1. Backup

The first step is to create backups of everything you use with VMware, including every VM and virtual data storage.

  1. Setup

You have chosen an alternative for VMware that you now have to set up. KVM or Hyper-V, for example, require infrastructure for hosting and provisioning. However, because there’s no installation involved, migrating from VMware to cloud-based environments is the simplest option.

  1. Move Data

When migrating from VMware, you need to move VM images and data volumes from the old environment to the new.

  1. Convert Disk Images

Next, you need to check if the replacement platform of your choice is compatible with VMware-type files. If not, you have to convert disk images with the help of a converter like qemu-img.

  1. Replace Old VMs With New VMs

Now you have everything in place to start creating new VMs that will later replace the ones you’re going to say goodbye to. You can facilitate this by using a migration tool or manually; however, the latter requires considerably more work.

  1. Configuration

Your new platform has to be configured to correspond to the network, storage, etc., of your old VMware. Again, a migration tool can make this much easier.

  1. Traffic

When you have your new environment in a functional state, traffic can be redirected to it.

  1. Shut Down VMware and Move On

The last step in migrating from VMware is checking whether the new environment efficiently manages your workloads. If so, you can shut down your VMware resources and move on.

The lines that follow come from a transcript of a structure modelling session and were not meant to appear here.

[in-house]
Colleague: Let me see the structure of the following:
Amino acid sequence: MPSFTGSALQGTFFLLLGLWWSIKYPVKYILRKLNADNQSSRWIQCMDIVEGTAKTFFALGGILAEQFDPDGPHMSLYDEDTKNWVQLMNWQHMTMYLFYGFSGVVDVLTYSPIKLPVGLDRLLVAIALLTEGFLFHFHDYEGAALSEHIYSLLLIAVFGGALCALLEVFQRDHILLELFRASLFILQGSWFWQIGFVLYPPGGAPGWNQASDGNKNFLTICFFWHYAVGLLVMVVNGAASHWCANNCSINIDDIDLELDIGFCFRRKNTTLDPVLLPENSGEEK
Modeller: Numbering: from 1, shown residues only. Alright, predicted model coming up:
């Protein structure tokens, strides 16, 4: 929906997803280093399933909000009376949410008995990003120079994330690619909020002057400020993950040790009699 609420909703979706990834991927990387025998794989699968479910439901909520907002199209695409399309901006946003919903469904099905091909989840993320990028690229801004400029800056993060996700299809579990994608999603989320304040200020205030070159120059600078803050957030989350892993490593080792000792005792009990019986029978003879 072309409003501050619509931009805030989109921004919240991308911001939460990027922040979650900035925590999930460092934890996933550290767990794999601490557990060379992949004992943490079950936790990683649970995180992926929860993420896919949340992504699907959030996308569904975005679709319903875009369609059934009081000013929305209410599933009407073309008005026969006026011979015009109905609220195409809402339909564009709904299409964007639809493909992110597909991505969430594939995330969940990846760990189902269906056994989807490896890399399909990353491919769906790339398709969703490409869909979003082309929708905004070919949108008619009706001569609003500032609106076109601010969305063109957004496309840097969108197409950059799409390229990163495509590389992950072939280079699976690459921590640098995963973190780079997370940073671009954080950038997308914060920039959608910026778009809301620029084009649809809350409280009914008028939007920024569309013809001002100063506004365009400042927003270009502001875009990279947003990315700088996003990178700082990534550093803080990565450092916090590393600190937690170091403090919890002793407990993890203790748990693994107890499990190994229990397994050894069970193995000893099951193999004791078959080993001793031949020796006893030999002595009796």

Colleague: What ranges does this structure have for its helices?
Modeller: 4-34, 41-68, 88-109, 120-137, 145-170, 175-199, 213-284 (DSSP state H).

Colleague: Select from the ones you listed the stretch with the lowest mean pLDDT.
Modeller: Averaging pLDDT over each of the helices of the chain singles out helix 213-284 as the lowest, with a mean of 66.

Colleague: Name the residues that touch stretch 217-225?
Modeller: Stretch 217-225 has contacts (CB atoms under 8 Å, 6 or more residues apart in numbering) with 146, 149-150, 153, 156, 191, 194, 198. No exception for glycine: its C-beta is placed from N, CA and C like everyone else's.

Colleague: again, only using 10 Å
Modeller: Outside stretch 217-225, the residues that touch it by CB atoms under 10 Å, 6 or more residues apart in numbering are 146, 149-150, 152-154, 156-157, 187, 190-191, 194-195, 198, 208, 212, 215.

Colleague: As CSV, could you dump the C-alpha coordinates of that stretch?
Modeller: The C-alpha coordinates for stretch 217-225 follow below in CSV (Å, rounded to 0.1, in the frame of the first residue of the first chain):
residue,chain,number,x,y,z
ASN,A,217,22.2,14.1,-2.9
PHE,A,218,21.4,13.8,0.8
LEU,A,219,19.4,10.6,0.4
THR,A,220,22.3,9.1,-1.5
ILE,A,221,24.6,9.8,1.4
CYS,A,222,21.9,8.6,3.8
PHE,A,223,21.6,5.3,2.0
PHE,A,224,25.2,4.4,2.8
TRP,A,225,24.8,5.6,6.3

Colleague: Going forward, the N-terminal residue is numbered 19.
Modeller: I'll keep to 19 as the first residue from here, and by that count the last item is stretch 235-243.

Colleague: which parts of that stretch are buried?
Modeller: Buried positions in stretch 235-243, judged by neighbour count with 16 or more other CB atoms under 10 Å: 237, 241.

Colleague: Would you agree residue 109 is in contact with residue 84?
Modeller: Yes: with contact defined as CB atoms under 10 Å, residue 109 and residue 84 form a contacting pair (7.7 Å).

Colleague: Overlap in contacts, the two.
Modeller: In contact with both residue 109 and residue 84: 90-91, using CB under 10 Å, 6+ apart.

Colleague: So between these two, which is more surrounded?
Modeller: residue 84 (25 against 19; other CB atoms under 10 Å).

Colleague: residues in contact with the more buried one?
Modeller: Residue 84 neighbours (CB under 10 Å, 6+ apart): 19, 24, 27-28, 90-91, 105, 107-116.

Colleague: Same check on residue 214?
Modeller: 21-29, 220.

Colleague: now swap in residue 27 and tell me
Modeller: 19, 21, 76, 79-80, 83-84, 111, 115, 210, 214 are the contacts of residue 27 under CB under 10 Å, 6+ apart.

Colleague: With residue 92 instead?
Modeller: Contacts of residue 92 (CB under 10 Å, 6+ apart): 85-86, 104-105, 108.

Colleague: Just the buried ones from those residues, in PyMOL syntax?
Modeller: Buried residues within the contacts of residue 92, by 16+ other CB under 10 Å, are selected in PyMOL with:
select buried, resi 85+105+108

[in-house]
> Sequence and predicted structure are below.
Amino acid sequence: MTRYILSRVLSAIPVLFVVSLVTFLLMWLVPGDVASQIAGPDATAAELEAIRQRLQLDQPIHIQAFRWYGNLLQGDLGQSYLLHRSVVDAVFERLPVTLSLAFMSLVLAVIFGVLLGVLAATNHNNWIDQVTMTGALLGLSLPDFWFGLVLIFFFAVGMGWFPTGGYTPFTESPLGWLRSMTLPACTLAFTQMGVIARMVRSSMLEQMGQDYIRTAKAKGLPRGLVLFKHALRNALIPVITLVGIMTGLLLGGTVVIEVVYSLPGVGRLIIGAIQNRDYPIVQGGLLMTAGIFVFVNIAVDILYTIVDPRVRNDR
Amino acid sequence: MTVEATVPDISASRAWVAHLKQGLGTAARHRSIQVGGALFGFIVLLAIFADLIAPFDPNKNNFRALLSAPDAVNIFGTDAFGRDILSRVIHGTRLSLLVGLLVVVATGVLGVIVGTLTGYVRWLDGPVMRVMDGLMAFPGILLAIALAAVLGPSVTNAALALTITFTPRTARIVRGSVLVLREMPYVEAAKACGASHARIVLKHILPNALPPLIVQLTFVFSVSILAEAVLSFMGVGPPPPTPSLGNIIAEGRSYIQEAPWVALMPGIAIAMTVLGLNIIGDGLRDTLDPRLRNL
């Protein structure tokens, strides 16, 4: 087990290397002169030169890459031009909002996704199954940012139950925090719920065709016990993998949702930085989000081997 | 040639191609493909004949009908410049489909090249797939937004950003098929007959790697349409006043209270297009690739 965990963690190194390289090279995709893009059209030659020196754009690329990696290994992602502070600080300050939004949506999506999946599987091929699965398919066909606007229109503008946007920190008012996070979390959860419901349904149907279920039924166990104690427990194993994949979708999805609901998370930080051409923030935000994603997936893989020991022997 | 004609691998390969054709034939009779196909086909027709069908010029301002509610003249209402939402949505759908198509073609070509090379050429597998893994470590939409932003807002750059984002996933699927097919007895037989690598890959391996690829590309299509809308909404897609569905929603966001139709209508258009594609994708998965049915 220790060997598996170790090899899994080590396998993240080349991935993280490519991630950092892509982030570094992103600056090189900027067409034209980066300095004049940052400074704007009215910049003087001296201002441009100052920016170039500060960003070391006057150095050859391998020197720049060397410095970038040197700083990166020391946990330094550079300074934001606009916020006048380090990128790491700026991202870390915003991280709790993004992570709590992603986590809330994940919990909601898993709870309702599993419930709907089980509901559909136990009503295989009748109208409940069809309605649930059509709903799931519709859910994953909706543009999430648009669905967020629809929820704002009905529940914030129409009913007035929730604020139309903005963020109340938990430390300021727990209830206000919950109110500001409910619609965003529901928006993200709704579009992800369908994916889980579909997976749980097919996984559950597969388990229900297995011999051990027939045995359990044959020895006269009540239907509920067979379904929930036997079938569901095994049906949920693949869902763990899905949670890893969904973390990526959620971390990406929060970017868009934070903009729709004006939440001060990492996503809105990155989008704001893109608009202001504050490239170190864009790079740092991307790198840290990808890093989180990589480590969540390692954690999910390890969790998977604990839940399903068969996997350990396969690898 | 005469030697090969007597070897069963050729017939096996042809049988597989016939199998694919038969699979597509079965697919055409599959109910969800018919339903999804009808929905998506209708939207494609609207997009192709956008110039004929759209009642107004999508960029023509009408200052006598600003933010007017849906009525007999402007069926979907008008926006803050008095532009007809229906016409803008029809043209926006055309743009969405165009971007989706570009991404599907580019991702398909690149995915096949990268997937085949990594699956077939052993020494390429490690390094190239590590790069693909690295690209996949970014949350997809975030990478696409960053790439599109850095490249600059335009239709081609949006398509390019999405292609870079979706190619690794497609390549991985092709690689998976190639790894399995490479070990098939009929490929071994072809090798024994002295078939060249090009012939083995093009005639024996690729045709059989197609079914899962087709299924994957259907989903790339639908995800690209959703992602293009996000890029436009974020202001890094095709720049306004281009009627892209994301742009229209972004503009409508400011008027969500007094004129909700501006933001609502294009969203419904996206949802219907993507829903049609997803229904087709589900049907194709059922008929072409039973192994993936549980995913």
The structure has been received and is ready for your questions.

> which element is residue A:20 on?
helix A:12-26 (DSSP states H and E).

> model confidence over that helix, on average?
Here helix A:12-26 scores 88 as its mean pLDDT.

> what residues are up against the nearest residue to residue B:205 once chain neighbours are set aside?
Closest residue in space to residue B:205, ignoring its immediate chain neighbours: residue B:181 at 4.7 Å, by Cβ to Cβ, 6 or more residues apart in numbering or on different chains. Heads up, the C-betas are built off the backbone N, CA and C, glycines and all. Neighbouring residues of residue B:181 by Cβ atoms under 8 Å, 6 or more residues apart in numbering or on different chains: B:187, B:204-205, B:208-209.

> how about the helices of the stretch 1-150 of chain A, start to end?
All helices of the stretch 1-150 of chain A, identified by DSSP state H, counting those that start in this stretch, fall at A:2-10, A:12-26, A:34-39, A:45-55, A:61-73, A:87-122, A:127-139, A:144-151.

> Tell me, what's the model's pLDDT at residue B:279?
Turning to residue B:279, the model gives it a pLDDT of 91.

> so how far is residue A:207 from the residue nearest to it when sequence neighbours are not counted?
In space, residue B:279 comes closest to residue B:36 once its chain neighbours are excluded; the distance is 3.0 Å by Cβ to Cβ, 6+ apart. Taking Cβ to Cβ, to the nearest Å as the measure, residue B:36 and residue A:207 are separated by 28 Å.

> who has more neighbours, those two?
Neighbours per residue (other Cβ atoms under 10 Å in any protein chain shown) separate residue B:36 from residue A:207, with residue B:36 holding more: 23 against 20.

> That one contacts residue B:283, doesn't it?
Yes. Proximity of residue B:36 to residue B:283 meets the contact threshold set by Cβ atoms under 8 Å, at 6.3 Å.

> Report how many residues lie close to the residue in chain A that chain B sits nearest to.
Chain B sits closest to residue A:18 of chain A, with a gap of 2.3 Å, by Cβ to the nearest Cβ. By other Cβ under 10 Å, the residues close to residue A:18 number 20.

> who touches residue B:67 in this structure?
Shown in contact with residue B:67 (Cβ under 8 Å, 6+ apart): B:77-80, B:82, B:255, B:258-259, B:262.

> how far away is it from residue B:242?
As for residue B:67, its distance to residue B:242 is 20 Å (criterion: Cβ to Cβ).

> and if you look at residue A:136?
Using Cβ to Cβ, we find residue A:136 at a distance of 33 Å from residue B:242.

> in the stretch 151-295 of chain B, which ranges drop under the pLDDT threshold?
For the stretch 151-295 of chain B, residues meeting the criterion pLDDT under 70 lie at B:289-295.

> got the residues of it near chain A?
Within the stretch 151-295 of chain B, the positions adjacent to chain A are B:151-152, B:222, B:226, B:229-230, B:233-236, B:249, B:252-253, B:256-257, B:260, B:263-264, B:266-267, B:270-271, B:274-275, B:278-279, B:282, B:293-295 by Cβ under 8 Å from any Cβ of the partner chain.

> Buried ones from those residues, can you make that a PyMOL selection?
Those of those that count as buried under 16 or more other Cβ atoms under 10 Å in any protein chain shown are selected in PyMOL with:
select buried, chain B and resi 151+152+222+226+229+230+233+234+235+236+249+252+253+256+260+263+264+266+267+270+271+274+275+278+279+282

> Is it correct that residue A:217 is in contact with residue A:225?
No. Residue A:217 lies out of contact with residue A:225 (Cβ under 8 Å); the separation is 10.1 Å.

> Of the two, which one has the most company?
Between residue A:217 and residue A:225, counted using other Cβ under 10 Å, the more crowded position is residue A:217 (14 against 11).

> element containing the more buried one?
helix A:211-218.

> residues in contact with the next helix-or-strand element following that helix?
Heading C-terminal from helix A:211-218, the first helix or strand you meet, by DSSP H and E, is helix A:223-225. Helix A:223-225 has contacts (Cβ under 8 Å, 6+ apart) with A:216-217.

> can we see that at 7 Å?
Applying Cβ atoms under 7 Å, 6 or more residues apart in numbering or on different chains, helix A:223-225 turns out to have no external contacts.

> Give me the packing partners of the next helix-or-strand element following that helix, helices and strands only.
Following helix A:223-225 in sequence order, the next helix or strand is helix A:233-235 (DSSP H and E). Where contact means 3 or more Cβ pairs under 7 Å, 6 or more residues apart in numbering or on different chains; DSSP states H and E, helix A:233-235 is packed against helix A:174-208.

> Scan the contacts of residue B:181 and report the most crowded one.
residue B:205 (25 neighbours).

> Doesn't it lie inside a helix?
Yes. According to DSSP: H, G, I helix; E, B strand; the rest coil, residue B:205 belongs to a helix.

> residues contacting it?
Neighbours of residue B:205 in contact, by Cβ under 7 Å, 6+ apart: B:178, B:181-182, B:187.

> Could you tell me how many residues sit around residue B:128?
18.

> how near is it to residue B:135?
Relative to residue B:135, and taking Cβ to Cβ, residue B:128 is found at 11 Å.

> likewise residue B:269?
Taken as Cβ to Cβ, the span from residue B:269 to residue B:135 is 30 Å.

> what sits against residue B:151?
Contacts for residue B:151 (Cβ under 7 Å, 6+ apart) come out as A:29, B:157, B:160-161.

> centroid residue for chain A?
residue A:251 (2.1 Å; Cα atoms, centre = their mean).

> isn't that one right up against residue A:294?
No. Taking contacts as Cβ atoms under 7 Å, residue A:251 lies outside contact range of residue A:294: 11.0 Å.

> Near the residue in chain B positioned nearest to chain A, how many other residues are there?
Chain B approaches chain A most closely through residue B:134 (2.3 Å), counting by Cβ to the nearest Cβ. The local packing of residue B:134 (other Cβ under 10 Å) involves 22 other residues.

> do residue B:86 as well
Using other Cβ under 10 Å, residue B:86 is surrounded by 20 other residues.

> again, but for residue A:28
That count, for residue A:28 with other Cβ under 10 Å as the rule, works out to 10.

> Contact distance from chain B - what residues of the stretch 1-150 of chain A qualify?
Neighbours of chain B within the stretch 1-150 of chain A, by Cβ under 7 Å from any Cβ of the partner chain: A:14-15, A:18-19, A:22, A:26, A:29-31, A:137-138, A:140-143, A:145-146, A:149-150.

Additional Considerations Before Migrating from VMware

Here are a few extra things to look into before starting your migration.

Migration Tools

Migration tools help with everything from selecting to converting data to prepare it for its new environment. Some platforms offer migration tools for moving workloads. Those automate a lot of the processes that otherwise would require considerable manual work. For example, Amazon Cloud has a migration service that helps convert on-premises VMs for cloud hosting. Hyper-V also offers a virtual machine conversion wizard that can ease the process of reformatting workloads. The biggest advantage of using a tool is less manual work; however, with some workloads, you still need to do some manual tweaking, too.

Prepare Replacement Infrastructure

Before migrating from VMware, it’s essential to make sure that you have your alternative infrastructure ready. If all your servers are running VMware, you need some kind of solution to set up the new environment you’re going to move to.

If you don’t have spare servers lying around and don’t want to invest right now, the public cloud is a solution to consider.

Consider Migration Services From Volico

Because every workload is different, migrating from VMware can be very different for each case in particular. Moving from one environment to another is a complex and lengthy procedure, and with every migration, there’s a small risk of data loss. Migrating between various environments can be a challenge, but the safety of data and applications is paramount.

Migration services from Volico Data Centers can help you move data securely and risk-free to a new environment. Moreover, if you want to migrate from VMware to a fully managed solution with less complexity, you are welcome to consult our experts to personalize a solution for your specific needs.

If you’re about to make the important decision of migrating, call (305) 735-8098 or chat with a member of our team to discuss the best options for your specific case.

Share this blog

About cookies on

Volico Data Centers use cookies to collect and analyse information on site performance and usage. This site uses essential cookies which are required for functionality.  More detail is available in our privacy policy. Learn more

Skip to content